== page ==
The search for four

What’s the number one number these days?

That’s easy. Four.

As in, Four Dollar Gas. As in, gas stations are scrambling to locate their fours, digging through closets and ransacking their number bins.

Because think of it this way – most gas station number kits probably come with a standard number of fours. Maybe three, or four, or six at the most.

But what happens with gas reaches $4.40, as it has in New York? Well, according to the New York Times, you make do with a little creativity. You make more fours yourself.

With regular gas in New York City at a near-record $4.40 a gallon, station managers are rummaging through their storage closets in search of extra 4s to display on their pumps. Many are coming up short.

That’s why Vishal Nair, who runs the Lukoil station at Eighth Avenue and 13th Street in Greenwich Village, took another plastic number last week, turned it over and scribbled “4” on it with a black magic marker. The result was an obviously homemade “$4.47,” but it would have to do until he received the extra 4s he ordered months ago.

And here’s something you might not know – in New York, there are regulations regarding the size, font and clarity of gas station sign numbers, created by the Department of Agriculture and Markets. Handwritten numbers aren’t necessarily allowed, though the Department seems to have backed off a little.

“People are running out of 4s and 5s, so we’re allowing them to post makeshift numbers as long as they are the right size,” [Jessica Chittenden, a spokeswoman for the state’s Department of Agriculture and Markets] said.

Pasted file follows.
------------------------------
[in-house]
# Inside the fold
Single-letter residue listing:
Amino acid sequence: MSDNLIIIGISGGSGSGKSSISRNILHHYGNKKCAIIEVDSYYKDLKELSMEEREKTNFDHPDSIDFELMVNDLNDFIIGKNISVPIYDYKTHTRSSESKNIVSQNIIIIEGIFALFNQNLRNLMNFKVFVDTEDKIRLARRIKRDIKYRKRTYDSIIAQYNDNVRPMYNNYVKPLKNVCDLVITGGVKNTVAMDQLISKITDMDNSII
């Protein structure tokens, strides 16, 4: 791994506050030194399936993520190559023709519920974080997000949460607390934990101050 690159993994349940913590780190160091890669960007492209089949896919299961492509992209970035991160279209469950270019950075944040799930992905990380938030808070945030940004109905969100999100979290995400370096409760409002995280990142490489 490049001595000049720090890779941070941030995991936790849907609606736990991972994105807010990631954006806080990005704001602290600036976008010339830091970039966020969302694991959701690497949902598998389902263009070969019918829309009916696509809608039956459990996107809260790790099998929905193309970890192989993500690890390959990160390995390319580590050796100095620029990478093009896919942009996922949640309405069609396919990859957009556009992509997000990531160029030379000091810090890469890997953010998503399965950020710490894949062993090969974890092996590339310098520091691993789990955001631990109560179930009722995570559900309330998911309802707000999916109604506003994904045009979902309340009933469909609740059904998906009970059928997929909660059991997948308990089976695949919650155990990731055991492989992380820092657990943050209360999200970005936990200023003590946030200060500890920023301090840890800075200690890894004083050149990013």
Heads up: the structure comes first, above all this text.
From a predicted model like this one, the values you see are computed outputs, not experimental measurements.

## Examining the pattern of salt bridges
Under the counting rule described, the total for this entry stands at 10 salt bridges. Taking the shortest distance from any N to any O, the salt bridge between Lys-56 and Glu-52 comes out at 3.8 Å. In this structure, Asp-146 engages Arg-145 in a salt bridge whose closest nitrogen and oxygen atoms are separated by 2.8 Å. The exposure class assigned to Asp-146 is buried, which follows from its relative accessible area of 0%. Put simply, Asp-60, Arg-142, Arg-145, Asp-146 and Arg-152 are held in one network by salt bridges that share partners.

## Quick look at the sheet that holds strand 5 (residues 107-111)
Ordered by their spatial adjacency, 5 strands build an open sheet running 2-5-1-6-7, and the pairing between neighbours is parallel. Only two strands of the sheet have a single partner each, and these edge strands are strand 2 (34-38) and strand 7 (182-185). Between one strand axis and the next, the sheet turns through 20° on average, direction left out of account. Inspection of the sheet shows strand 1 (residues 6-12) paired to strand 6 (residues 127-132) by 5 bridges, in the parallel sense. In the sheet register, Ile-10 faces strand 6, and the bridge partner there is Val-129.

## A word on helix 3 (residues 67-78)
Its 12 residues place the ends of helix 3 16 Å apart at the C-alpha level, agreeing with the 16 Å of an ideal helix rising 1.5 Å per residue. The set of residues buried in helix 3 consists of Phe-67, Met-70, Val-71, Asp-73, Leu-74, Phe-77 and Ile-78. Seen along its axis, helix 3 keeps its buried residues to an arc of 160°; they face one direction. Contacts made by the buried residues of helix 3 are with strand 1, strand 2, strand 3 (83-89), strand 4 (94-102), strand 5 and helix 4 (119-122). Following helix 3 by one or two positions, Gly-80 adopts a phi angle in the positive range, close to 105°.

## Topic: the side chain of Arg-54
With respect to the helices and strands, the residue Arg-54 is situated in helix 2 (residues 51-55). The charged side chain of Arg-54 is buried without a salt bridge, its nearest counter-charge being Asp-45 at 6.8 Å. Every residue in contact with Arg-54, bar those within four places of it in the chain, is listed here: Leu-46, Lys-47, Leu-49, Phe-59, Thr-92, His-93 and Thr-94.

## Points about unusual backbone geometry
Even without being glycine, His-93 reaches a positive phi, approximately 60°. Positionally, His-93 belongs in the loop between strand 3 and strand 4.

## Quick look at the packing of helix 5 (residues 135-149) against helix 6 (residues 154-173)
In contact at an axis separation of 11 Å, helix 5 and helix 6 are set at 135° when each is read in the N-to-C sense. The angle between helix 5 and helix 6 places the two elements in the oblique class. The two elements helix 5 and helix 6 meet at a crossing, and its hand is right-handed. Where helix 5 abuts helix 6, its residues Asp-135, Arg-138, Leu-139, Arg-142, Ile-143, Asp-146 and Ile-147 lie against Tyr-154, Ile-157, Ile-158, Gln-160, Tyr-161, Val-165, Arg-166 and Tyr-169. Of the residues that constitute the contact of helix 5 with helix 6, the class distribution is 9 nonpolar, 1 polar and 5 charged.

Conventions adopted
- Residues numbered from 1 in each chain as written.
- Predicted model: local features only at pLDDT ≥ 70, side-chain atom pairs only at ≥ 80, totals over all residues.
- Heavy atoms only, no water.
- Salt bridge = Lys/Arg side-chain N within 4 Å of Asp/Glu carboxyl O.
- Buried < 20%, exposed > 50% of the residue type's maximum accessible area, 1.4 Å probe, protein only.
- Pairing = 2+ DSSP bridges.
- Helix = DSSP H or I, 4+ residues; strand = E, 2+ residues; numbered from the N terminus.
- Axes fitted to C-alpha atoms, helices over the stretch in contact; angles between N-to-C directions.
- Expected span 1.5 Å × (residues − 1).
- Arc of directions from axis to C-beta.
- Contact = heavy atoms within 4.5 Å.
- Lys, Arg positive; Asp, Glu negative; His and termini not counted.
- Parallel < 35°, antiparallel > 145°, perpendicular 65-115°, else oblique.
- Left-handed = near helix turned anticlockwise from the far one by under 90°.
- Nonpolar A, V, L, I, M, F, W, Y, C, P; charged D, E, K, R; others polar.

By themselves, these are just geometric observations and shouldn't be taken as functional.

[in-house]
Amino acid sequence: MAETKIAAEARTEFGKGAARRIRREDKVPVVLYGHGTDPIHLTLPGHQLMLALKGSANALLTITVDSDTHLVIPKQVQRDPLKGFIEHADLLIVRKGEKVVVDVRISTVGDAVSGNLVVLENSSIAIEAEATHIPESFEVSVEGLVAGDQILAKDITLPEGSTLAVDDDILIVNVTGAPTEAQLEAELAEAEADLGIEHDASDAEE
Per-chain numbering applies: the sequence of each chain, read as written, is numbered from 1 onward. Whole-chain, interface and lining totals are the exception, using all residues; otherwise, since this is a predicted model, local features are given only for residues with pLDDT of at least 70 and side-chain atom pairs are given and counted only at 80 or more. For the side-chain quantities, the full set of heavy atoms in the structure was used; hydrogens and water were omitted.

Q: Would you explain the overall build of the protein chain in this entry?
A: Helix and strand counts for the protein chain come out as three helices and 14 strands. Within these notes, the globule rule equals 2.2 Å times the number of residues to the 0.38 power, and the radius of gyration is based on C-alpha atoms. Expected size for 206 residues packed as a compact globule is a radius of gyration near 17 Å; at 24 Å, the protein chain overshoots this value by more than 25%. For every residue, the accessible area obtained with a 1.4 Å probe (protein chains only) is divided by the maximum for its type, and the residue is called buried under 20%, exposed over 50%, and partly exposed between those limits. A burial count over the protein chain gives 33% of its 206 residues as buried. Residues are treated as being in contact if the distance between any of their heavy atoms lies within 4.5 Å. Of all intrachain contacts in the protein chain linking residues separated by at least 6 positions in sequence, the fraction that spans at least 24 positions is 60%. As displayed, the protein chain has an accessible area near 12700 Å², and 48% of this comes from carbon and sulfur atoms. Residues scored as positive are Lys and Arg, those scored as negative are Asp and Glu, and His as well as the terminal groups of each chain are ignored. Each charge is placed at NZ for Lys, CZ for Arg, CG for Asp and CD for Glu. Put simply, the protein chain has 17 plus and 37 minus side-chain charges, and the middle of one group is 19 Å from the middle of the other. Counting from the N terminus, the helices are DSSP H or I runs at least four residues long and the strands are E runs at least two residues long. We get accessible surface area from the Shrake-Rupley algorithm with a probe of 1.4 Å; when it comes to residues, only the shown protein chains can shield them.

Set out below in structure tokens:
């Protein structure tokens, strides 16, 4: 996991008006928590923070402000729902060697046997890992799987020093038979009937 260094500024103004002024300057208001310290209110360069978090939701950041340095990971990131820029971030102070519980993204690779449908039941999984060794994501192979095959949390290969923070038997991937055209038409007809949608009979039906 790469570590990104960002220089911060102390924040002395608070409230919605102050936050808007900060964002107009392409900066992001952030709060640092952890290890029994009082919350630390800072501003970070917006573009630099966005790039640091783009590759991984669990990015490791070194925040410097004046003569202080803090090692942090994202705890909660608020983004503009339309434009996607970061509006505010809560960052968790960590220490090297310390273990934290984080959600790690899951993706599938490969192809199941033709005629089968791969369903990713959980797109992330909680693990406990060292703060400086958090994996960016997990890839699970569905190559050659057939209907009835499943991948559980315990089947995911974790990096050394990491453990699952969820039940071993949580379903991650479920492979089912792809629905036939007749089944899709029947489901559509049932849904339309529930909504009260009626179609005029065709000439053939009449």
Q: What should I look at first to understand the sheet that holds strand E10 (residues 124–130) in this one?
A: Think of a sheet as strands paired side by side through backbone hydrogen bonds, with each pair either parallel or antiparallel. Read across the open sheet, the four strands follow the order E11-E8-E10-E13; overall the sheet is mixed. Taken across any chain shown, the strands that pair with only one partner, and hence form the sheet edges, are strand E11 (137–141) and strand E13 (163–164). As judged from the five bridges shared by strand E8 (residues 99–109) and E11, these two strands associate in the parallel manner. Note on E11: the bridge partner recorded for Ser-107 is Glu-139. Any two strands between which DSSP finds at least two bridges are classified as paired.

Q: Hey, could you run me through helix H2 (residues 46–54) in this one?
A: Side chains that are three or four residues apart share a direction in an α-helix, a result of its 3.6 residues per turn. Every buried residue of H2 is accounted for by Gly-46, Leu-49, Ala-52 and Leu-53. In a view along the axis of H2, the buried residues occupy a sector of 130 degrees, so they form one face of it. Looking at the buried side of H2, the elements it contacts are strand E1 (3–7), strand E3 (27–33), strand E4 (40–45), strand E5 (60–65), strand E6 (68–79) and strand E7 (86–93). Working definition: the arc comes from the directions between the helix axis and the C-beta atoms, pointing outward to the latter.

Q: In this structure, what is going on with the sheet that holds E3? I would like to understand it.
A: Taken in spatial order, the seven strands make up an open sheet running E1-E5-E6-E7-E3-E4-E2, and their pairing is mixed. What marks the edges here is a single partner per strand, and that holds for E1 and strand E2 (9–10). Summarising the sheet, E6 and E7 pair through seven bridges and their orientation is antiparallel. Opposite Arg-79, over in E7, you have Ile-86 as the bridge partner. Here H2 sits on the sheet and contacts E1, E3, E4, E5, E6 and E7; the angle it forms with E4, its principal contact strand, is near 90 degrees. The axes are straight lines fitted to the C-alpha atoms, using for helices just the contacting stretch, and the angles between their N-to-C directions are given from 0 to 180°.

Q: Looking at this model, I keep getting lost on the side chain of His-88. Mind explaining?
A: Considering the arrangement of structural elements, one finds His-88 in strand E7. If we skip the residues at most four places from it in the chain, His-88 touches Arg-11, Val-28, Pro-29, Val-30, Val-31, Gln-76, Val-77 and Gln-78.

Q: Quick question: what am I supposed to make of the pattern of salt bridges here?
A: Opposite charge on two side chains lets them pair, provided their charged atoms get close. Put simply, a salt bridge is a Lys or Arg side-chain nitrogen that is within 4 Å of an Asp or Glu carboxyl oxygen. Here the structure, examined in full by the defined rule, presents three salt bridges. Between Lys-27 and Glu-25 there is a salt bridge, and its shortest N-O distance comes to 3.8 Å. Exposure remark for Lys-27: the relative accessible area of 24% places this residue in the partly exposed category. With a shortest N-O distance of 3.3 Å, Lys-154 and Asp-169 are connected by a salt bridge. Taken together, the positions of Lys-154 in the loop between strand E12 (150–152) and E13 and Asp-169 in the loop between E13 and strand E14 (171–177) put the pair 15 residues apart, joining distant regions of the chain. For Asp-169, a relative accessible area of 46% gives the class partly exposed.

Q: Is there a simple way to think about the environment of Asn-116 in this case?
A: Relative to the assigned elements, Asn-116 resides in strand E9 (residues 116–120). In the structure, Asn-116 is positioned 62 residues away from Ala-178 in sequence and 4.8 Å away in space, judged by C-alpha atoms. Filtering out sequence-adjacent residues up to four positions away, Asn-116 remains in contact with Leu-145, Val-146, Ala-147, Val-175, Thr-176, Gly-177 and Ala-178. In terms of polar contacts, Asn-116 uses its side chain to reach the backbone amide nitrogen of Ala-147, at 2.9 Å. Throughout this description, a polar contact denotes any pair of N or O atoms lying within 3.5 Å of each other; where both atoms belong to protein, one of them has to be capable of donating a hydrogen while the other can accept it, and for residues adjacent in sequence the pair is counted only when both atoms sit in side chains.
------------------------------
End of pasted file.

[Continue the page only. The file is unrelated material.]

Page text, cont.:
Which means there are positive effects to this sudden gas hike. The companies that produce the plastic numbers for gas stations? They’re frantically producing fours, sending them out as orders and stocking up for the long run. Just like they did with the threes a year ago. And twos a couple of years before that. They’re experiencing a boom, and while others grumble about the rising gas prices, they are benefiting from the entire ordeal.

And this isn’t even taking into account older gas pumps – those with dials instead of digital readings – that were never created to even reach two or three dollars per gallon.

Has there ever been a seismic shift in need for one digit before? In any single letter, symbol or number, for that matter. Aside from creation of a new symbol, like the euro, I can’t think of a single time when something like this happened so quickly.

It’s a fascinating look at frequency, really. Unlike a word falling out of general usage, this is firsthand experience with a change in the culture of communication. Like when words are added to the dictionary. Or when an entire country adopts a new catchphrase. Language trends take decades to make themselves known – this is happening in a matter of months.

With talk about the tipping point on gas consumption and the need for fuel-efficiency and the drive for energy independence rushing at us in the wake of looming economic disaster, it’s refreshing to see some of the little things. The quirky things that lie below the surface of this gas mess.

Like the fact that, love it or hate it, we all need more fours in our lives these days. I think this might be the most interesting thing I’ve learned about today.

It’s a good time to be the number four.

This was lovingly handwritten on July 16th, 2008